To add to the confusion, the modern world has seen an unprecedented multiplication and proliferation of memes, with mass media being the preeminent transmission vector. Some of these memes are devised with rational ends, such as advertising consumer products; others are devised solely as play; others are "junk" memes. Hula hoops, the Burma Shave billboards of the 1950s, the slogan "There's always room for Jell-O," the synthesizer intro to the 1984 song "Jump" by Van Halen, or the three-note "by Men-nen" jingle, while of no use to those they infect, are excellent examples. The Internet in particular is a virtual memetic petri dish, with examples such as the nonsensical phrase "all your base are belong to us" (from a badly translated 1988 Japanese video game called Zero Wing) spontaneously arising on message boards in 2000, spreading from mind to mind via the ether and then dissipating, not unlike a particularly virulent disease burning its way through the population.
Thus the idea of memetic engineering consists not only in choosing which memes to be influenced by but also in counterpropaganda and countersloganeering designed to purge from the meme pool those ideas deemed deleterious to society at large. The essential component in memetic engineering is faith in human reason to discern the most advantageous memes. Dawkins himself expressed a secular humanist optimism when he wrote, "We, alone on Earth, can rebel against the tyranny of the selfish replicators" (p. 201). (Of course, from another perspective, this could be seen as just another Darwinian struggle, with the meme for "secular humanism" trying to crush its competitor for mindshare, the meme for "theocracy.")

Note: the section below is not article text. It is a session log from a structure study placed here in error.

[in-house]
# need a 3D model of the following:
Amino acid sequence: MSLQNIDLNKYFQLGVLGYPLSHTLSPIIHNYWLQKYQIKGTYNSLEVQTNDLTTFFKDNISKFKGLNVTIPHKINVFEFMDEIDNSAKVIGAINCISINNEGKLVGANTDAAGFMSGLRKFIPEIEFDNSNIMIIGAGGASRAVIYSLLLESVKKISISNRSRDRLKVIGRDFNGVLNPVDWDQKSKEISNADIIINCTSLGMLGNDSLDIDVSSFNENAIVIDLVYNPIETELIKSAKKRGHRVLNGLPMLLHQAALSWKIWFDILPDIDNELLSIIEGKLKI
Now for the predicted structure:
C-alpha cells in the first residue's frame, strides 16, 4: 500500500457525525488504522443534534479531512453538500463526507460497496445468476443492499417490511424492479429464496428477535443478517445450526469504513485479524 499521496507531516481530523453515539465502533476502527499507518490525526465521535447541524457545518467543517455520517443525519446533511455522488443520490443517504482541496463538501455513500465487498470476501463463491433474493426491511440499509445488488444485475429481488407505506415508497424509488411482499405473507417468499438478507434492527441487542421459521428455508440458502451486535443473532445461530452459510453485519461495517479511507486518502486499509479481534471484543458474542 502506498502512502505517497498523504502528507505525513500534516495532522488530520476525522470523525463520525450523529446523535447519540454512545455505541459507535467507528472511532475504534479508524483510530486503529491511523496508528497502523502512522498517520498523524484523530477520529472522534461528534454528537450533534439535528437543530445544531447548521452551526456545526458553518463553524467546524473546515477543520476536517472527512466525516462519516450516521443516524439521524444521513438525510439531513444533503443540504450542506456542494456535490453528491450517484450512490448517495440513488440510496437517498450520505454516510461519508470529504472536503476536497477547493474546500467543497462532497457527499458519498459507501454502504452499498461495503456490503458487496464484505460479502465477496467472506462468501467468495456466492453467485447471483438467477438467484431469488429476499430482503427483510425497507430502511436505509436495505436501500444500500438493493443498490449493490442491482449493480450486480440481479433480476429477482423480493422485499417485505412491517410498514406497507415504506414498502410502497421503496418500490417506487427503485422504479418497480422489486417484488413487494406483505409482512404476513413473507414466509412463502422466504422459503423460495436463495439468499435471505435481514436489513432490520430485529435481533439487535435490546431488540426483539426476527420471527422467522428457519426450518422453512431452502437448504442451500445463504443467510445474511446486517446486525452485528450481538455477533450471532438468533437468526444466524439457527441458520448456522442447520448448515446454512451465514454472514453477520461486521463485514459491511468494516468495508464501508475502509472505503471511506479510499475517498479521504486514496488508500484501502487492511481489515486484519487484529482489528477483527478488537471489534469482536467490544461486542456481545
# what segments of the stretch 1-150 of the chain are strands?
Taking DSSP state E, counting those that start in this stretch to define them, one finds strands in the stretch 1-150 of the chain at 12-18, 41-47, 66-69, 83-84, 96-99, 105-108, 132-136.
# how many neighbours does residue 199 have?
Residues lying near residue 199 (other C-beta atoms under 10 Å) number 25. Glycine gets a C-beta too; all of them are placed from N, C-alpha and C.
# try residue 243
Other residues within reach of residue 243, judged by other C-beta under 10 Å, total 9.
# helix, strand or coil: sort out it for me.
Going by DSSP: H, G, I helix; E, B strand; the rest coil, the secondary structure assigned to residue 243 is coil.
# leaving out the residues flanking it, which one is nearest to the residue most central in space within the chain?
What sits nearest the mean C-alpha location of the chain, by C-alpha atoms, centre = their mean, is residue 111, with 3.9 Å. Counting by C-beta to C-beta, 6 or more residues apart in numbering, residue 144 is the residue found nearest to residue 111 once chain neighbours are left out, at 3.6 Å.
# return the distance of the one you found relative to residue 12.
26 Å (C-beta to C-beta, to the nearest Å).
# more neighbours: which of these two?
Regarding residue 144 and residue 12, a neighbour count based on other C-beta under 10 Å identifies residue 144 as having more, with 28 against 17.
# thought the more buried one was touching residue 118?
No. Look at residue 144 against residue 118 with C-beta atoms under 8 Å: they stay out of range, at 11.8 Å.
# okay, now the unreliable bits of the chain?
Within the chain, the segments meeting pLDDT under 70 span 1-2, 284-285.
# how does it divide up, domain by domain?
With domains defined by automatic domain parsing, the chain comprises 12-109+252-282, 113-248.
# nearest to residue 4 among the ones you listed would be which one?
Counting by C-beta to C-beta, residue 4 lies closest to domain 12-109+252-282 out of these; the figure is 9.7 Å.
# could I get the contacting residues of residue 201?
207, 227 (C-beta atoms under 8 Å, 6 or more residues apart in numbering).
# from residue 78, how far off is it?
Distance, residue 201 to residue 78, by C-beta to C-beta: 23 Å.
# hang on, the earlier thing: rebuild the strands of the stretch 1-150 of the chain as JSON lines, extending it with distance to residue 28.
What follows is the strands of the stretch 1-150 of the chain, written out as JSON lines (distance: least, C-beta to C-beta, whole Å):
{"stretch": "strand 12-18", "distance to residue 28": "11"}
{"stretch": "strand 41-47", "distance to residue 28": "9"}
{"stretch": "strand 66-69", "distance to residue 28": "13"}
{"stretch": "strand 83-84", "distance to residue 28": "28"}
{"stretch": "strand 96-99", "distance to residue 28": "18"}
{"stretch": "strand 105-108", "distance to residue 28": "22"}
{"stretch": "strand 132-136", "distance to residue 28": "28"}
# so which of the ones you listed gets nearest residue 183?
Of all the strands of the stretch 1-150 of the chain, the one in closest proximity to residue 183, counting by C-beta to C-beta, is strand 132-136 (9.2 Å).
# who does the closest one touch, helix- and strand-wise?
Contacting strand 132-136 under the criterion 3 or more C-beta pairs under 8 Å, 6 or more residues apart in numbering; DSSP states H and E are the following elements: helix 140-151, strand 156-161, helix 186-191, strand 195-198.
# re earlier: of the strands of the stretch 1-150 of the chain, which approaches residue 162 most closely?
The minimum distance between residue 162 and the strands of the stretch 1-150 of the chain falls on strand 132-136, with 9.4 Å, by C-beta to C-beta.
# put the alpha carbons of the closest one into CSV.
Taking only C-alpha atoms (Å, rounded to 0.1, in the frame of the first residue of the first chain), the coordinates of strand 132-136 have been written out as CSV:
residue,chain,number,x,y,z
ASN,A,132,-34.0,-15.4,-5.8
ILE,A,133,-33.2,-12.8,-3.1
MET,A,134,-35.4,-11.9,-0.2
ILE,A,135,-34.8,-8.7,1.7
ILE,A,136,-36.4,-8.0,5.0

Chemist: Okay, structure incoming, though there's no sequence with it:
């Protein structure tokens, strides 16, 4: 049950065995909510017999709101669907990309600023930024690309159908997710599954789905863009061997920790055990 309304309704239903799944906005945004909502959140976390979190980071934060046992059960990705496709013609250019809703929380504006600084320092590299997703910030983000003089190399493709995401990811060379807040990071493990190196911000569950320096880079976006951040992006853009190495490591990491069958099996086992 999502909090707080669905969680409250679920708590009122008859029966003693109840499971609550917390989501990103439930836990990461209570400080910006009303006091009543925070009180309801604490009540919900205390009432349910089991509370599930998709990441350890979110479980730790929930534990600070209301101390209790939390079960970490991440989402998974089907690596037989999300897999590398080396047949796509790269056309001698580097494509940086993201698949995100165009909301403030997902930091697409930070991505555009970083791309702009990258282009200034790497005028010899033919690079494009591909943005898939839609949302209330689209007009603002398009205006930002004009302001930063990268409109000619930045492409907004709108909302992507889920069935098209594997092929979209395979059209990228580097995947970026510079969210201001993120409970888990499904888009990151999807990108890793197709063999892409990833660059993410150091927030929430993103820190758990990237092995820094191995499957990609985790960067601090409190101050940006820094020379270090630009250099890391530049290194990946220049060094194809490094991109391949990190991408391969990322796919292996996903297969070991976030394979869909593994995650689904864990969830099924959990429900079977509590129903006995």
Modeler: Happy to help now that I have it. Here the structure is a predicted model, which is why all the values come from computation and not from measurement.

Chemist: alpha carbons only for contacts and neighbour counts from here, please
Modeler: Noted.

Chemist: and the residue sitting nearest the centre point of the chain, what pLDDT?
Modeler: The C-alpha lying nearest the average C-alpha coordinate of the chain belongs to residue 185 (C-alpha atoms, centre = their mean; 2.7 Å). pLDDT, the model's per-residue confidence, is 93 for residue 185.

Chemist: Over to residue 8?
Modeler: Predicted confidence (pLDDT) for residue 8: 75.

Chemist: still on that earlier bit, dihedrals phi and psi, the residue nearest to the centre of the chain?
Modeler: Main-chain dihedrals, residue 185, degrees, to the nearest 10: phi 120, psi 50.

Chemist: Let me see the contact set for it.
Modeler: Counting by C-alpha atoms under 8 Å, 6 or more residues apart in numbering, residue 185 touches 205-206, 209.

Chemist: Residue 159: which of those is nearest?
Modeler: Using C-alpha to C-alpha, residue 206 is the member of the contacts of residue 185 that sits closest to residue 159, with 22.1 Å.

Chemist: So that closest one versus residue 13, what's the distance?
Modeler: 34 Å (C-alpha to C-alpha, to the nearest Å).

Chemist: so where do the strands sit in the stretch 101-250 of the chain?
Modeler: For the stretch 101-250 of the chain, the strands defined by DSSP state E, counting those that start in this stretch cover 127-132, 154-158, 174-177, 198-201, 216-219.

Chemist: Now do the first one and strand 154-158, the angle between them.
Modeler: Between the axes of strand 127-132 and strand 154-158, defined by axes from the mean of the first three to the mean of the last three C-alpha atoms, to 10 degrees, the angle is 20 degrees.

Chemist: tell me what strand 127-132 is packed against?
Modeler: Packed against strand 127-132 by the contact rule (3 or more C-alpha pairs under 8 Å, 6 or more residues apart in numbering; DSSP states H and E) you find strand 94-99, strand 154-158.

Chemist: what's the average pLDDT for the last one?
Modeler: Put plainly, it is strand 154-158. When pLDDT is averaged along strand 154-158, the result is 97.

One example of the deployment of this idea is the activist Andrew Boyd's Billionaires for Bush (or Gore) campaign, which used the ironic, parodical image of the superwealthy taking to the streets in support of their candidates in order to "piggyback" on mainstream media coverage of the 2000 U.S. presidential election and thus call attention to social issues neglected by the candidates. The idea of memetic engineering was both popularized and taken to its logical end by the 1992 science fiction novel Snow Crash by Neal Stephenson. Though the actual word meme never occurs in the book, the plot makes clear reference to Dawkins's work. The title, for instance, refers to a key element in the book's plot, a literal "mind virus" modeled after a computer virus that is capable of destroying a user's mind through merely being seen on a computer screen. The resolution involves a clay tablet from ancient Mesopotamia, on which are recorded syllables in an ancestral ur-language (reminiscent of ideas of the "deep structure" of language popularized by Noam Chomsky and others) that can program human beings, like robots, into performing tasks for those who know how to wield the power. Snow Crash is frequently cited in meme circles as an example of the power of memes taken to the nth degree.